The Chiclet-style keys have shallow travel but a clearly defined action, which will take a little getting used to coming from a desktop keyboard but not much. Overall, it’s a decent typing experience. The touch screen can also be used instead of the trackpad, although you’ll have to contend with finger marks on the screen.
Dell XPS 17 review: Hardware and performance
Dell sticks with Intel for the XPS 17, supplying processors from the 11th Generation. The basic option is the Core i5-11400H, but our sample came with the Core i7-11800H. This is an eight-core processor capable of running at up to 4.6GHz although the base clock speed is half that. The top frequency is on par with the AMD Ryzen 9 5900HX supplied in the ASUS ProArt Studiobook Pro 16 OLED. The other processor options are Core i9 processors, either the 11900H or 11980HK, which also have eight cores but higher boost frequencies.
Memory options range from 8GB to 64GB, always supplied as two 3,200MHz modules of DDR4. Our system came with an adequate if not earth-shattering 16GB, but heavy graphics users might want to go for 32GB instead. Speaking of which, optional discrete GPUs include NVIDIA’s GeForce RTX 3050 with 4GB of GDDR6 or an RTX 3060 with 6GB of GDDR6. Our sample came with the latter, which sports a considerable 3,840 CUDA cores.
Storage is provided by a PCI Express 3.0 NVMe SSD, with capacity options up to a maximum of 4TB. Our unit came with a 1TB drive, which supplied 3,469MB/sec sustained reading and 2,945MB/sec sustained writing in CrystalDiskMark 8. This is behind the performance we saw from the ASUS ProArt Studiobook Pro 16 OLED’s NVMe storage, but it’s still very quick for a laptop drive and you’ll certainly feel it when booting the system or loading software.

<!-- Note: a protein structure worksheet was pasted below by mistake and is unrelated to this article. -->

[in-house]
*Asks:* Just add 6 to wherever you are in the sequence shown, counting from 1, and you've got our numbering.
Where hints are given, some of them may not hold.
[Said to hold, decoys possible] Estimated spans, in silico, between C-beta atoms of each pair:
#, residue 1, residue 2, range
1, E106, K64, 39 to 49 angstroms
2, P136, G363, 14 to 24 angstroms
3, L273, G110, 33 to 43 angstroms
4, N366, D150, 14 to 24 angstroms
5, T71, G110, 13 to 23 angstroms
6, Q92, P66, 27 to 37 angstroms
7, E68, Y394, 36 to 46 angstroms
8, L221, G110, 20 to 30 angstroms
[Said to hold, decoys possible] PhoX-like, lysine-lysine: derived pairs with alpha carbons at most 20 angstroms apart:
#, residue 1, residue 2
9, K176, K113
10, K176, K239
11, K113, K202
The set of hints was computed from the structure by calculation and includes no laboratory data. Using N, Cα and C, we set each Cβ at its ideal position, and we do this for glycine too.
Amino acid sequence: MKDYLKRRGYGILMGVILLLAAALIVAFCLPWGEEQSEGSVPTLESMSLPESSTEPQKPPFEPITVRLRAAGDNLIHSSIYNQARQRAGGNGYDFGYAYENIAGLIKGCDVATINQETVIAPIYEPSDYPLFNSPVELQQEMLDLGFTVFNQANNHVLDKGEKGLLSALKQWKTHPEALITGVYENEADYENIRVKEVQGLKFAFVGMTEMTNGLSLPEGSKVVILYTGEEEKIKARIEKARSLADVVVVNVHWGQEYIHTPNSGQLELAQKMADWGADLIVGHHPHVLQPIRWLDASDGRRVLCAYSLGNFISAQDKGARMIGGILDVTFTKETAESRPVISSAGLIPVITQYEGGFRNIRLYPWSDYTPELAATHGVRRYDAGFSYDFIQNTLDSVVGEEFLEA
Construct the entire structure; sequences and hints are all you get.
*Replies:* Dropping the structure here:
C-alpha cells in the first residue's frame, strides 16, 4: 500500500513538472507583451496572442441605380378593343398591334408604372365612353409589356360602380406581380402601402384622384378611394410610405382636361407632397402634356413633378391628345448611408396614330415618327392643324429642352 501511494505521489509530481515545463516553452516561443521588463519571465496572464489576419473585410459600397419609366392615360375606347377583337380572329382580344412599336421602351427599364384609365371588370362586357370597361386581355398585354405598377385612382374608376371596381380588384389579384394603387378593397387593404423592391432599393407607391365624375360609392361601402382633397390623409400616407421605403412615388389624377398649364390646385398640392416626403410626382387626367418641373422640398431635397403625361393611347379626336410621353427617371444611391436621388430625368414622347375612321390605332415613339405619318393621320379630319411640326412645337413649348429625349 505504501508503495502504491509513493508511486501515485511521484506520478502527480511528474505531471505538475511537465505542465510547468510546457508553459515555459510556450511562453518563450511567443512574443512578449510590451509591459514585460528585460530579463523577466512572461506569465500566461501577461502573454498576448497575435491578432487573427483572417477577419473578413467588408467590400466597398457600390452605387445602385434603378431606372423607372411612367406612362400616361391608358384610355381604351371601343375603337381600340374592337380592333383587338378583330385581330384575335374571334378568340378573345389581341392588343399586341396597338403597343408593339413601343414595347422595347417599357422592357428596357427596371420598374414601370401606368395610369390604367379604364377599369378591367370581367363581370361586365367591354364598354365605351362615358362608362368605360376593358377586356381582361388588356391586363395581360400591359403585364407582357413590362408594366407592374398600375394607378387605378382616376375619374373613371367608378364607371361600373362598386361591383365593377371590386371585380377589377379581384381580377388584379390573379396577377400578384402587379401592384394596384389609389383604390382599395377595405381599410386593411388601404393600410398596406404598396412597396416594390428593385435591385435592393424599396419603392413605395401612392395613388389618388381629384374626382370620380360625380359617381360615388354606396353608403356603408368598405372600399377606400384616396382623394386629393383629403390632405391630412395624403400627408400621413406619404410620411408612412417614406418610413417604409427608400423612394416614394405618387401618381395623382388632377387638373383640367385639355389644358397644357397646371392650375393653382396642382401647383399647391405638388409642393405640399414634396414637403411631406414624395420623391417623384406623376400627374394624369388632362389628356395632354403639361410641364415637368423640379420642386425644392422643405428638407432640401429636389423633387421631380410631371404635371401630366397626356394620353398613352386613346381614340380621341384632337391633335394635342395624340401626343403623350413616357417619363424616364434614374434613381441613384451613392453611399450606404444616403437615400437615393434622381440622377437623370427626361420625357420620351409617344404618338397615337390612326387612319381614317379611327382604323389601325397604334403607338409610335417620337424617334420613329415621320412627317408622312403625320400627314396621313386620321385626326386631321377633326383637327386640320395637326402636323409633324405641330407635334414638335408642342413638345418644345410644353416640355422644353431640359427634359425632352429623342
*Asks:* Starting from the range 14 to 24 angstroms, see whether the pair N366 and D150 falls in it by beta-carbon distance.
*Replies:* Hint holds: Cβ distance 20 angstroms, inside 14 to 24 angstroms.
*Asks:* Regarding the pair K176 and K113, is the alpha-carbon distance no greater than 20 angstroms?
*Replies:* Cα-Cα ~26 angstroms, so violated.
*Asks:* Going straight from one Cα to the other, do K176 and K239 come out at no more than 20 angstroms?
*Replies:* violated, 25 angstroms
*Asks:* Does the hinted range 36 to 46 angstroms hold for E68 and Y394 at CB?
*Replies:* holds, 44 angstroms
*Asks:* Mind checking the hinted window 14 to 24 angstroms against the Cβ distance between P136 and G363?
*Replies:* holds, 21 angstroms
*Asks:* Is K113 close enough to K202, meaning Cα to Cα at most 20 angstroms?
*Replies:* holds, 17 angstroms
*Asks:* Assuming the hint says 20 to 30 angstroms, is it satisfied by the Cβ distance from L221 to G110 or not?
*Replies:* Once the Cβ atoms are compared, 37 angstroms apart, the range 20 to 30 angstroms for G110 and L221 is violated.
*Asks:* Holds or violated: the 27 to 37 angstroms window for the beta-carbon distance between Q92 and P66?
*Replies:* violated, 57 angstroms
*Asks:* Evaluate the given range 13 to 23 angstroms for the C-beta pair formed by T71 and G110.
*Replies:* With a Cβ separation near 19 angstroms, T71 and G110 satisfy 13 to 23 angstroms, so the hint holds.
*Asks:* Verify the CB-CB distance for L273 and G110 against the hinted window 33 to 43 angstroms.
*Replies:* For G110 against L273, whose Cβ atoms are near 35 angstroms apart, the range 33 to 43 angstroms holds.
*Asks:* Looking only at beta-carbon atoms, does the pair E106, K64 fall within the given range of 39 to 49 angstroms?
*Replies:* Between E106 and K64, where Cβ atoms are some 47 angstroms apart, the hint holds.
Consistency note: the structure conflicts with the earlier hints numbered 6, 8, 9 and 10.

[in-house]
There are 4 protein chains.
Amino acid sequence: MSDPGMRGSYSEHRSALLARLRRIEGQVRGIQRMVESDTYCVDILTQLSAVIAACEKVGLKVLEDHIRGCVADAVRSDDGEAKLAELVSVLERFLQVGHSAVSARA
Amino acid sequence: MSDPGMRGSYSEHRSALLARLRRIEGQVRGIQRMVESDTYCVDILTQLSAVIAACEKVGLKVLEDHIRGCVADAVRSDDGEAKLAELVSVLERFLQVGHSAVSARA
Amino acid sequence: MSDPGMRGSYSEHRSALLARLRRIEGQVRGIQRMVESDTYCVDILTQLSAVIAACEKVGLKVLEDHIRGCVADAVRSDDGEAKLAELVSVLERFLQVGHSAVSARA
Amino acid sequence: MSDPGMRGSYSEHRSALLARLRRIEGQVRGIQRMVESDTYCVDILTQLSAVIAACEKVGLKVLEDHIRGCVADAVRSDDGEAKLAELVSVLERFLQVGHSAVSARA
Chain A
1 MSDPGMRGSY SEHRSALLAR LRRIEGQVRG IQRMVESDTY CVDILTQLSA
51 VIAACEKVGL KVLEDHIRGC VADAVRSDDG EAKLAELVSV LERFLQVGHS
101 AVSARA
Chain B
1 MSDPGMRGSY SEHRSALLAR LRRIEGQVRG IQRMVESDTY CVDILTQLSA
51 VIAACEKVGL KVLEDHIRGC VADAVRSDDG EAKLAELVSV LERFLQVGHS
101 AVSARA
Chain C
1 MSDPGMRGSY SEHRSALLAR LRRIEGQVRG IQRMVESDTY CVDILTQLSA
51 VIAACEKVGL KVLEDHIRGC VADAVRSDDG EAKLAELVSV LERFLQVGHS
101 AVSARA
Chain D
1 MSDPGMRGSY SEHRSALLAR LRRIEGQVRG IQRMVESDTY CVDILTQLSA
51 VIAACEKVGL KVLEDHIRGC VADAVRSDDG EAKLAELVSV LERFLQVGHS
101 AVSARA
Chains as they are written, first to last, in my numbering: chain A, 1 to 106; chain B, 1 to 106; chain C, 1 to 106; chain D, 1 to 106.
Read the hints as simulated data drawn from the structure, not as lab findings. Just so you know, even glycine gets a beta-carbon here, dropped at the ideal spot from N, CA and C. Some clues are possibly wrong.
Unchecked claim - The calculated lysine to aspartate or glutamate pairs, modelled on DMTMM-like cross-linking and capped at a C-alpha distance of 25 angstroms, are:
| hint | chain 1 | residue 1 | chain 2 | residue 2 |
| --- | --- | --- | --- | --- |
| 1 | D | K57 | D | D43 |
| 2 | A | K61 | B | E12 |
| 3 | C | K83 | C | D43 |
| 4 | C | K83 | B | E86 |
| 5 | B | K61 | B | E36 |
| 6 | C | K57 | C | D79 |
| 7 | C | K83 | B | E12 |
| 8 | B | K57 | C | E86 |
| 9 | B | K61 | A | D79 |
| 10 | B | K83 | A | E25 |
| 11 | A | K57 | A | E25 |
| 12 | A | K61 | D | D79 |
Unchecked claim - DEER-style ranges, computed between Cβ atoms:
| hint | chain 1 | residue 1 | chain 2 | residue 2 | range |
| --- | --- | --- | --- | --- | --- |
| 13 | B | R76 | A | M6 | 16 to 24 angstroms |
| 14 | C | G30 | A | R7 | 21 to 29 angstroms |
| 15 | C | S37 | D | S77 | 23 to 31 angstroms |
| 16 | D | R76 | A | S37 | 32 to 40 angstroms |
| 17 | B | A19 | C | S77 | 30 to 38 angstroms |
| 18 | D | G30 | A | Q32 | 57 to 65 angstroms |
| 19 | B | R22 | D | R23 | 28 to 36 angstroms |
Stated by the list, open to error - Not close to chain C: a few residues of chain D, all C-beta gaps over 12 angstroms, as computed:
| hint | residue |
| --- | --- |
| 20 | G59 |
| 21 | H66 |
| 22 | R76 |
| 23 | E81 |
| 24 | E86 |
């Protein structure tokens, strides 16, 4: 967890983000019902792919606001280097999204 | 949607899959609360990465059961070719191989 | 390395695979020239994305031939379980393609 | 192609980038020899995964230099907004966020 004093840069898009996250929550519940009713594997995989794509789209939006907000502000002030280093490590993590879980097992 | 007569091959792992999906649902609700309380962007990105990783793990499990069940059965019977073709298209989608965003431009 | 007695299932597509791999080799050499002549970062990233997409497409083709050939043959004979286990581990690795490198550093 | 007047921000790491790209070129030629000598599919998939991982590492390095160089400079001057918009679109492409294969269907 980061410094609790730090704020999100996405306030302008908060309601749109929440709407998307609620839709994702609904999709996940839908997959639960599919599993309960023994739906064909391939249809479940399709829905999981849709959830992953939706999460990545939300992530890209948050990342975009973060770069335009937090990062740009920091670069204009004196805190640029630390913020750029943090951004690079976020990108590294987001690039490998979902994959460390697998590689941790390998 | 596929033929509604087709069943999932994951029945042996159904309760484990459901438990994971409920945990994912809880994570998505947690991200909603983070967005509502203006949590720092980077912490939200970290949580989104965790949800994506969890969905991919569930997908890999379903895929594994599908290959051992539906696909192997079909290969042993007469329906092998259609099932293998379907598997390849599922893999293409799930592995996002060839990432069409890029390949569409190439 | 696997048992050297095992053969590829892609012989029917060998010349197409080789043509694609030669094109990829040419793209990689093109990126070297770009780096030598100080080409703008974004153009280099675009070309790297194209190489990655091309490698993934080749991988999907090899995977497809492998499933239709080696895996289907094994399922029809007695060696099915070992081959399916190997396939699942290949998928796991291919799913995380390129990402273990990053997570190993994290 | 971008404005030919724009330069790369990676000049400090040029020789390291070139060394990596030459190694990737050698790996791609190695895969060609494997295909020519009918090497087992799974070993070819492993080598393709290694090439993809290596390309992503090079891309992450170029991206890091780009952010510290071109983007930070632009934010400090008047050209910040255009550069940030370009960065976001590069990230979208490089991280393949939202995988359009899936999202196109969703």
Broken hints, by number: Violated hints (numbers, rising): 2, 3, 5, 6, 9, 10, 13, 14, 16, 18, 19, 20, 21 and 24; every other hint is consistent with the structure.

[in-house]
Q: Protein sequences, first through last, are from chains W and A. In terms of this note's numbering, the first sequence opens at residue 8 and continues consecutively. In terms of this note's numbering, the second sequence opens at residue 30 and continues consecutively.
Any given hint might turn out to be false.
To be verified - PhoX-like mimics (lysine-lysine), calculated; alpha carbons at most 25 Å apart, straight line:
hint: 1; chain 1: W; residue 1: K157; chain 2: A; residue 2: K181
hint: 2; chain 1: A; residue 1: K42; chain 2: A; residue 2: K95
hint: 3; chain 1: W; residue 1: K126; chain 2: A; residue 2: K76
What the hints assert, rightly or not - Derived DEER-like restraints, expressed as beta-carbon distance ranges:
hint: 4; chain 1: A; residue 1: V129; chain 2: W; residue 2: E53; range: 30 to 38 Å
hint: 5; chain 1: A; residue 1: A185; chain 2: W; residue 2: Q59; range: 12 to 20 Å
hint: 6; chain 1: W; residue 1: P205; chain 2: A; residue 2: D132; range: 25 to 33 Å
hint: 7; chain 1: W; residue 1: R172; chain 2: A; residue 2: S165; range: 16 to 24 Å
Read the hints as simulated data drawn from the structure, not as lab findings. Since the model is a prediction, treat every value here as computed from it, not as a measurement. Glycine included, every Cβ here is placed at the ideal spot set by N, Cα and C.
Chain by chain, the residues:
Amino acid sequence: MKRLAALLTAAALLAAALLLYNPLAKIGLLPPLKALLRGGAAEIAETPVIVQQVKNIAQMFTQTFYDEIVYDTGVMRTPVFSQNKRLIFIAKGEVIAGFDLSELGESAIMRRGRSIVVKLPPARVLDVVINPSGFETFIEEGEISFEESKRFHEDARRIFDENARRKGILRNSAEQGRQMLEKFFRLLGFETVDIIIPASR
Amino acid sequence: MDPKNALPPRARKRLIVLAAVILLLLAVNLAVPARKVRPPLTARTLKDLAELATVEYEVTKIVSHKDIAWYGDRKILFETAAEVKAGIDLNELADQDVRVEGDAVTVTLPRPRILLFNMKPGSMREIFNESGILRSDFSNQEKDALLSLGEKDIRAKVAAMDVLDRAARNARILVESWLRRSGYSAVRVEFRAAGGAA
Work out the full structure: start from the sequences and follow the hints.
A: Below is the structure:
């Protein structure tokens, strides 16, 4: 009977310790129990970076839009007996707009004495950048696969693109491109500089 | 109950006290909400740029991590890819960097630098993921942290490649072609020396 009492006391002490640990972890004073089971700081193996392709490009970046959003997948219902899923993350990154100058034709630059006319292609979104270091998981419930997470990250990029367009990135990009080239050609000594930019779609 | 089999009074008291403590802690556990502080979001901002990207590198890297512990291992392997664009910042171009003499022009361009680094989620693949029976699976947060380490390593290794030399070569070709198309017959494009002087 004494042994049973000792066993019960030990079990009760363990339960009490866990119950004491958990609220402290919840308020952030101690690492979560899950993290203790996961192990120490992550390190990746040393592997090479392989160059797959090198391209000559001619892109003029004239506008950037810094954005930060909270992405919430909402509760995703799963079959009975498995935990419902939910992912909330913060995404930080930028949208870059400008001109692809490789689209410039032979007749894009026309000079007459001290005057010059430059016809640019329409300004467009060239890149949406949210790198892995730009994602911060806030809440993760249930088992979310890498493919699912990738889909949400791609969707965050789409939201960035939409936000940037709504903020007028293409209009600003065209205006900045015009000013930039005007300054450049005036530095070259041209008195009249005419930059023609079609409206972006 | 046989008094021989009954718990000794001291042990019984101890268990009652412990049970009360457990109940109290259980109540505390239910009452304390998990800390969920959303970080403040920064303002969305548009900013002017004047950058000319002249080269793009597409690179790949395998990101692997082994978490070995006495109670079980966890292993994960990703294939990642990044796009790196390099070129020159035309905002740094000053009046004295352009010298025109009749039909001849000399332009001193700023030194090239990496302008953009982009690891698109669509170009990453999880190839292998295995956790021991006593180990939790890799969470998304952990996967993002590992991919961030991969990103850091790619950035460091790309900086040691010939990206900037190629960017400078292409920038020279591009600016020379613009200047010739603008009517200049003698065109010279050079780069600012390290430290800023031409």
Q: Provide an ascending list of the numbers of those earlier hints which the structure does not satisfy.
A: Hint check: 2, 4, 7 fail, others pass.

A few years ago, having eight cores in a notebook that was still quite portable would have seemed unfeasible. But the Dell XPS 17 Laptop delivers huge amounts of performance from its acceptable lack of girth. In the IT Pro media benchmarks, it achieved an impressive overall score of 281, which is even higher than the ASUS ProArt Studiobook Pro 16 OLED, with its eight-core AMD Ryzen 9 processor. Image editing was a little behind at 204, but video editing considerably ahead at 287, as was the multi-tasking score of 302, showing that this Dell notebook will be brilliant for everyday media tasks. The raw 3D rendering abilities are great too, with 4,684 in Maxon Cinebench R20, although this is slightly behind the ASUS notebook.
If you’re performing 3D work, despite the consumer-grade graphics this notebook will be capable with a range of professional applications too. Running SPECviewperf 2020 v1.0, the XPS managed a competent 58.3 with 3dsmax-07, an impressive 204.09 with maya-06, and 138.09 with solidworks-05, showing that it will cope well with 3D animation using Autodesk 3ds Max and particularly Maya, and with SolidWorks product design. The catia-06 result of 44.23 and creo-03 score of 73.97 also show that these engineering apps will run adequately smoothly too. However, Siemens NX, as always, is the Achilles Heel. The result of 13.26 illustrates yet again that consumer-grade GPUs are not a good fit for this application.
Dell XPS 17 review: Battery life